The most important aspect of a device ID is that it remains the same even if a fraudster tries to change their device’s fingerprint. Let’s say a fraudster tries to create multiple fake accounts using the same device. The device ID will reveal that the device is linked to multiple accounts, no matter how many times the fraudster factory resets their device and masks their locations to appear as new accounts.

2. Risk Indicators

Device risk indicators reveal the tools and techniques that are typically associated with fraud. Some of the tools include app cloners, GPS spoofers, emulators, and VPNs, and techniques can include app tampering, device tampering, and signs of jailbreaking. When one or more of these is being used by a certain device, they will be flagged as a risk indicator. The presence of one or more indicators does not necessarily mean fraud is happening, but that there is a tool in use that is typically associated with fraud.

3. Risk Score

As the name would suggest, a risk score is a numerical indicator of a device’s ‘riskiness’. It tells you the risk level of a device. This risk score is calculated from an analysis of the type and frequency of tools and techniques used on each device and whether the same device ID is linked to multiple accounts, among many other factors. 

Case Study: SHIELD In Action

Let's say you run an e-commerce app. You’re trying to put an end to fake accounts because they’re being used to post fake reviews and abuse the incentives you offer. This can hinder your financial growth, skew your analytics, and damage customer trust. You then decide to implement a device fingerprinting solution. It’ll work something like this:

1. A fraudster tries to create a fake account on your app.

2. SHIELD will check thousands of device data points in real time (e.g. device name, model, screen resolution) and resolve thousands of questions, including:

  • Do any other accounts use this device to log into your platform?
  • Is the device using any tools or techniques associated with risky behavior? For example, app cloners and bots.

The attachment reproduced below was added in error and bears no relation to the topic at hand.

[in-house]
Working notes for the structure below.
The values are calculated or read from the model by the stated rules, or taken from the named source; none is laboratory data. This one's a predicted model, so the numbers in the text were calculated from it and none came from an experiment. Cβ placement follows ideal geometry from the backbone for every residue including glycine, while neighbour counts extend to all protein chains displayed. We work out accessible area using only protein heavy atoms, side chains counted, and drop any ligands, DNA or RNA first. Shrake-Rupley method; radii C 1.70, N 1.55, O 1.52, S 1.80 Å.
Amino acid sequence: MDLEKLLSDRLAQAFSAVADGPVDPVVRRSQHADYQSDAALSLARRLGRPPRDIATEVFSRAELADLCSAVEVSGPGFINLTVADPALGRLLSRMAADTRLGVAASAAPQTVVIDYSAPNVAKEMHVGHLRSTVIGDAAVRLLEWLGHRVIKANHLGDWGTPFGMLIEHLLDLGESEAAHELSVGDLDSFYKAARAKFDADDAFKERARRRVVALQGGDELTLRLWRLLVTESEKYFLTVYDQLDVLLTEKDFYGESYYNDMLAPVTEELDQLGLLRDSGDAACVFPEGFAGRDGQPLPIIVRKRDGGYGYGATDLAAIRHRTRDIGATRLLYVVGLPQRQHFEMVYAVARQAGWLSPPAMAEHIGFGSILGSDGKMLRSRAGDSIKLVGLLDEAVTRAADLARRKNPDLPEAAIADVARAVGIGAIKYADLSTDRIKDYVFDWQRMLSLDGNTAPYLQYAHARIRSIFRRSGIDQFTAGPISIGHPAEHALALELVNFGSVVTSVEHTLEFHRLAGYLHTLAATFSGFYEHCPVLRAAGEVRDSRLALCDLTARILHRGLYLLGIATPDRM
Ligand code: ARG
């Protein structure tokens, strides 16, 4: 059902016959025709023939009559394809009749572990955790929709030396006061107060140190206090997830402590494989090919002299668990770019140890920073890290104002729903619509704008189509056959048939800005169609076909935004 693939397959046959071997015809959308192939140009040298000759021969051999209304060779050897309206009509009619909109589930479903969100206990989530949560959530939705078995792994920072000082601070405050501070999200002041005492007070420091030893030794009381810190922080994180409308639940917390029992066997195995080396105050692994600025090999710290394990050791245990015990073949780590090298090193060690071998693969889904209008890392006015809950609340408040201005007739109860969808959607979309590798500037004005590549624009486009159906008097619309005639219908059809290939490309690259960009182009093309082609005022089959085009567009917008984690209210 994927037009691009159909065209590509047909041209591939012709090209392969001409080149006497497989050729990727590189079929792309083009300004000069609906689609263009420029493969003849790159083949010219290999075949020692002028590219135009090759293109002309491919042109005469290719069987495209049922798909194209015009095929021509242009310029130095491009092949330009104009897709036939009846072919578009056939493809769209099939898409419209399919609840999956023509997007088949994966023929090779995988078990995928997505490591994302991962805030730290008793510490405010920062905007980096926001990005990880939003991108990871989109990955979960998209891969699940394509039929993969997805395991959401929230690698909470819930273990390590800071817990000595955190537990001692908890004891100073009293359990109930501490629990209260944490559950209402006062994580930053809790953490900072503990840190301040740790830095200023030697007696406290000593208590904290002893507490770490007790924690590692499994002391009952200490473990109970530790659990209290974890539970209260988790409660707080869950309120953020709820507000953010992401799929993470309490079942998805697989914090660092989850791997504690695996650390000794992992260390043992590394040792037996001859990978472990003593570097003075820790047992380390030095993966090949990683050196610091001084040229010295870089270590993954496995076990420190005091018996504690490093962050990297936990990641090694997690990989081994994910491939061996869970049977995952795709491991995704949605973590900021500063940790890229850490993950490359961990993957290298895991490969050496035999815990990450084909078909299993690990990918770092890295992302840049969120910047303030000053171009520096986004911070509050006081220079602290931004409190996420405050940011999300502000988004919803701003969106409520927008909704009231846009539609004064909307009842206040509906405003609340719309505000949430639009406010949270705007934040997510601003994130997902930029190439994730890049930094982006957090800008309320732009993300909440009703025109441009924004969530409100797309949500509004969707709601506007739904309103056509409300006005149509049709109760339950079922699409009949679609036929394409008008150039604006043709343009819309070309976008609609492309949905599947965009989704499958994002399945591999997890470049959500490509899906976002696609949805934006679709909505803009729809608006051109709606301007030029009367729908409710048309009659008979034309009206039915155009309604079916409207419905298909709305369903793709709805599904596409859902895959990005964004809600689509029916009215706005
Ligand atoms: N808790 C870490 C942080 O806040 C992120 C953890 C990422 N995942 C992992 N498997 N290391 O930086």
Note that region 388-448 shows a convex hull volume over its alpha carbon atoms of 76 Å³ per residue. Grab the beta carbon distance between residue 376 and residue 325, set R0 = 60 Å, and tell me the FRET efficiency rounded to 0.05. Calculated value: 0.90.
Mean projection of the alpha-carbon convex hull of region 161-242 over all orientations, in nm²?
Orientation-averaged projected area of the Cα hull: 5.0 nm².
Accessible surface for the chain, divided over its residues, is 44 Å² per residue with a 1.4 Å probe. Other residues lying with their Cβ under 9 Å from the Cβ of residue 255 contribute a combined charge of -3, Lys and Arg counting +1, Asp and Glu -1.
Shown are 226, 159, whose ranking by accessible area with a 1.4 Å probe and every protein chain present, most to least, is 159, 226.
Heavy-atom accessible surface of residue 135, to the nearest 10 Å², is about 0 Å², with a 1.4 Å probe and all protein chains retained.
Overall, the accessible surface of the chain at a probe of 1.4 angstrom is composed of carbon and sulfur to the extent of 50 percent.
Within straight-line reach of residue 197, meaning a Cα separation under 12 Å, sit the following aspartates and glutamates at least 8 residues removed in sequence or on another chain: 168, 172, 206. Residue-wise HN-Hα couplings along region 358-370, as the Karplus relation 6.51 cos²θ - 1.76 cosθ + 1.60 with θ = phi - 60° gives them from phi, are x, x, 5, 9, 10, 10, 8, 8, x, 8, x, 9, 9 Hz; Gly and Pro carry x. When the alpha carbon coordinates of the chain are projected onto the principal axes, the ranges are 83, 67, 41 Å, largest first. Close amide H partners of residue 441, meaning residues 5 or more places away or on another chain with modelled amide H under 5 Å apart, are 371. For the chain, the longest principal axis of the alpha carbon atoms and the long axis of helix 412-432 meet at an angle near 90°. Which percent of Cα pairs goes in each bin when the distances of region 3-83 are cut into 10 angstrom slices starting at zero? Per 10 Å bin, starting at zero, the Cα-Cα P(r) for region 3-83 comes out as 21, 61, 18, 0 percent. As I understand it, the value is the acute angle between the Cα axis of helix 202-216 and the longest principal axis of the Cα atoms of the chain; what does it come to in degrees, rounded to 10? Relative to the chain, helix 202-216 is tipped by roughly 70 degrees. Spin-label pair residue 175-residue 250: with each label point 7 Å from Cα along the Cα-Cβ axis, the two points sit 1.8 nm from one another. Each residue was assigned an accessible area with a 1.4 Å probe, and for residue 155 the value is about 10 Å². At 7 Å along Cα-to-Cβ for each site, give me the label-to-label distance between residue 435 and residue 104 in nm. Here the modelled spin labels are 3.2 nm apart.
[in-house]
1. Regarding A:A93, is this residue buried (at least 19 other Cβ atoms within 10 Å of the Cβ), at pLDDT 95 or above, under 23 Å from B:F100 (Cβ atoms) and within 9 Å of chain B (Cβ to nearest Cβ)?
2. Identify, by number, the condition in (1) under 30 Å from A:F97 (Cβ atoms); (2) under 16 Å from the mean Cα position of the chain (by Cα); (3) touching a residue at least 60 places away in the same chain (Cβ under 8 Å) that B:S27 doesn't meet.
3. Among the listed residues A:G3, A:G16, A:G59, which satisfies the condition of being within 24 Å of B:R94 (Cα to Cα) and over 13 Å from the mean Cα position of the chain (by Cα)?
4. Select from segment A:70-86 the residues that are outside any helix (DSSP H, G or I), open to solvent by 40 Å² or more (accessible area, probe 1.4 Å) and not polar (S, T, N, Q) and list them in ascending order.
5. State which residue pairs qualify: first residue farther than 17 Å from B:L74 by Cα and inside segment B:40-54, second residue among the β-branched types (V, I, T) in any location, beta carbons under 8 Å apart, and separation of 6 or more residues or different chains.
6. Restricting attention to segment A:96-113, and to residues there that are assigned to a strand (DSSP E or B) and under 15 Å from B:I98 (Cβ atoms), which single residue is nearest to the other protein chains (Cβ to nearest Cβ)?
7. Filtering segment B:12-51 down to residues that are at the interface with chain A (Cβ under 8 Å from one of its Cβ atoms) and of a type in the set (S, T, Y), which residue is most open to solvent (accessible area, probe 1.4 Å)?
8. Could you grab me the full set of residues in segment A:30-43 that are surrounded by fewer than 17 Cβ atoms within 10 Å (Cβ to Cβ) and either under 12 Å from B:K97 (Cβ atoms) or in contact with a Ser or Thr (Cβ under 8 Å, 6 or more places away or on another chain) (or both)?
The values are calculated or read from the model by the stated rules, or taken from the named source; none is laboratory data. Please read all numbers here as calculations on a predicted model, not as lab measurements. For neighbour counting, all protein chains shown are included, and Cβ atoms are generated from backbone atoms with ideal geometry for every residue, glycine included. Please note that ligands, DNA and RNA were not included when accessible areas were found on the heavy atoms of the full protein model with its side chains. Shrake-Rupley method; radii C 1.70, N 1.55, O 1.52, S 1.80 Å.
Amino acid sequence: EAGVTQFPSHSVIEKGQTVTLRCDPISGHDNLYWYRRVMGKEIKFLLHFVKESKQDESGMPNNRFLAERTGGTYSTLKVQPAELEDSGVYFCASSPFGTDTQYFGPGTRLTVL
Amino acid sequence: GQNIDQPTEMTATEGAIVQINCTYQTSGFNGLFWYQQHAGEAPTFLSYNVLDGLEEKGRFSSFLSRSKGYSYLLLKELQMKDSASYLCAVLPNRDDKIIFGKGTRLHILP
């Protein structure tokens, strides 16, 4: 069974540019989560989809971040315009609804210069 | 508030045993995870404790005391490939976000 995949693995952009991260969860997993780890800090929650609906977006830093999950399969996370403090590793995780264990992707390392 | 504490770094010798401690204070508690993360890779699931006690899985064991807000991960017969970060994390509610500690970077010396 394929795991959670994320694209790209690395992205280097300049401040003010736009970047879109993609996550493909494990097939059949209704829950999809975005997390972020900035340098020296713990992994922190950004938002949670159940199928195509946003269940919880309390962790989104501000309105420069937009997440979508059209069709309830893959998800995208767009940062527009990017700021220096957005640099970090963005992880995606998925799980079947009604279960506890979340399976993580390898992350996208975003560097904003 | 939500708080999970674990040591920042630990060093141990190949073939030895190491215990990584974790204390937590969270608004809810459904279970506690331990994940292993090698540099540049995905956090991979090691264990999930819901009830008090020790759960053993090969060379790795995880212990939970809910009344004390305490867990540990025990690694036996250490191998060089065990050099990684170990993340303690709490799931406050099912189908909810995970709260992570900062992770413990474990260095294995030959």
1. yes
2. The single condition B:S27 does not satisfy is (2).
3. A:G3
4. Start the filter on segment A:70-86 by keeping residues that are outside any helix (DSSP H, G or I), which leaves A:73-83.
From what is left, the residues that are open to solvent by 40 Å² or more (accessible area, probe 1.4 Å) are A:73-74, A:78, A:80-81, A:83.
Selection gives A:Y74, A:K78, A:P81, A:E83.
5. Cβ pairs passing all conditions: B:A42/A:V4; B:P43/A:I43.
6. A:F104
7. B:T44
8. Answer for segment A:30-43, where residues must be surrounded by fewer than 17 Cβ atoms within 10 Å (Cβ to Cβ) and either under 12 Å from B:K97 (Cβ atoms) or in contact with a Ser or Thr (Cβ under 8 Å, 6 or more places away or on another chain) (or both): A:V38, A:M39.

• Do the device’s attributes differ a lot from regular users? For instance, logging in from a country your app doesn’t operate in. 
  • Has the device been used in a previous fraud attempt?

3. SHIELD’s technology returns device intelligence in the form of: 

  • A unique device ID.
  • The names of the tools and techniques being used to create the fake account.
  • A trust score to let you know how trustworthy a device session is.
  • How many users are using the device.

4. This device intelligence empowers you to take charge of your risk decisioning. You could: 

  • Leverage SHIELD to block this device instantly from your platform. 
  • Send the user account to your fraud team for a review before deciding to accept or reject it.

SHIELD’s Device Intelligence for Fraud Prevention 

Getting a precise picture of users and devices is a key tool for preventing fraud on digital platforms. Here at SHIELD, we partner with world-leading enterprises, providing them with device intelligence that empowers them to stop fraud, build trust, and drive growth. Our proprietary device fingerprinting technology enables businesses to make precise decisions about device trustworthiness with the global standard for device identification — SHIELD ID. 

Powered by machine learning algorithms and artificial intelligence, we analyze thousands of device, network, and behavioral data points to return the most comprehensive picture of risk on an ecosystem. With our technology, businesses are able to harness accurate signals to eliminate risk blind spots, provide superior user experiences, and accelerate growth.

Learn how our device fingerprinting technology can help your business supercharge its fraud prevention strategy today.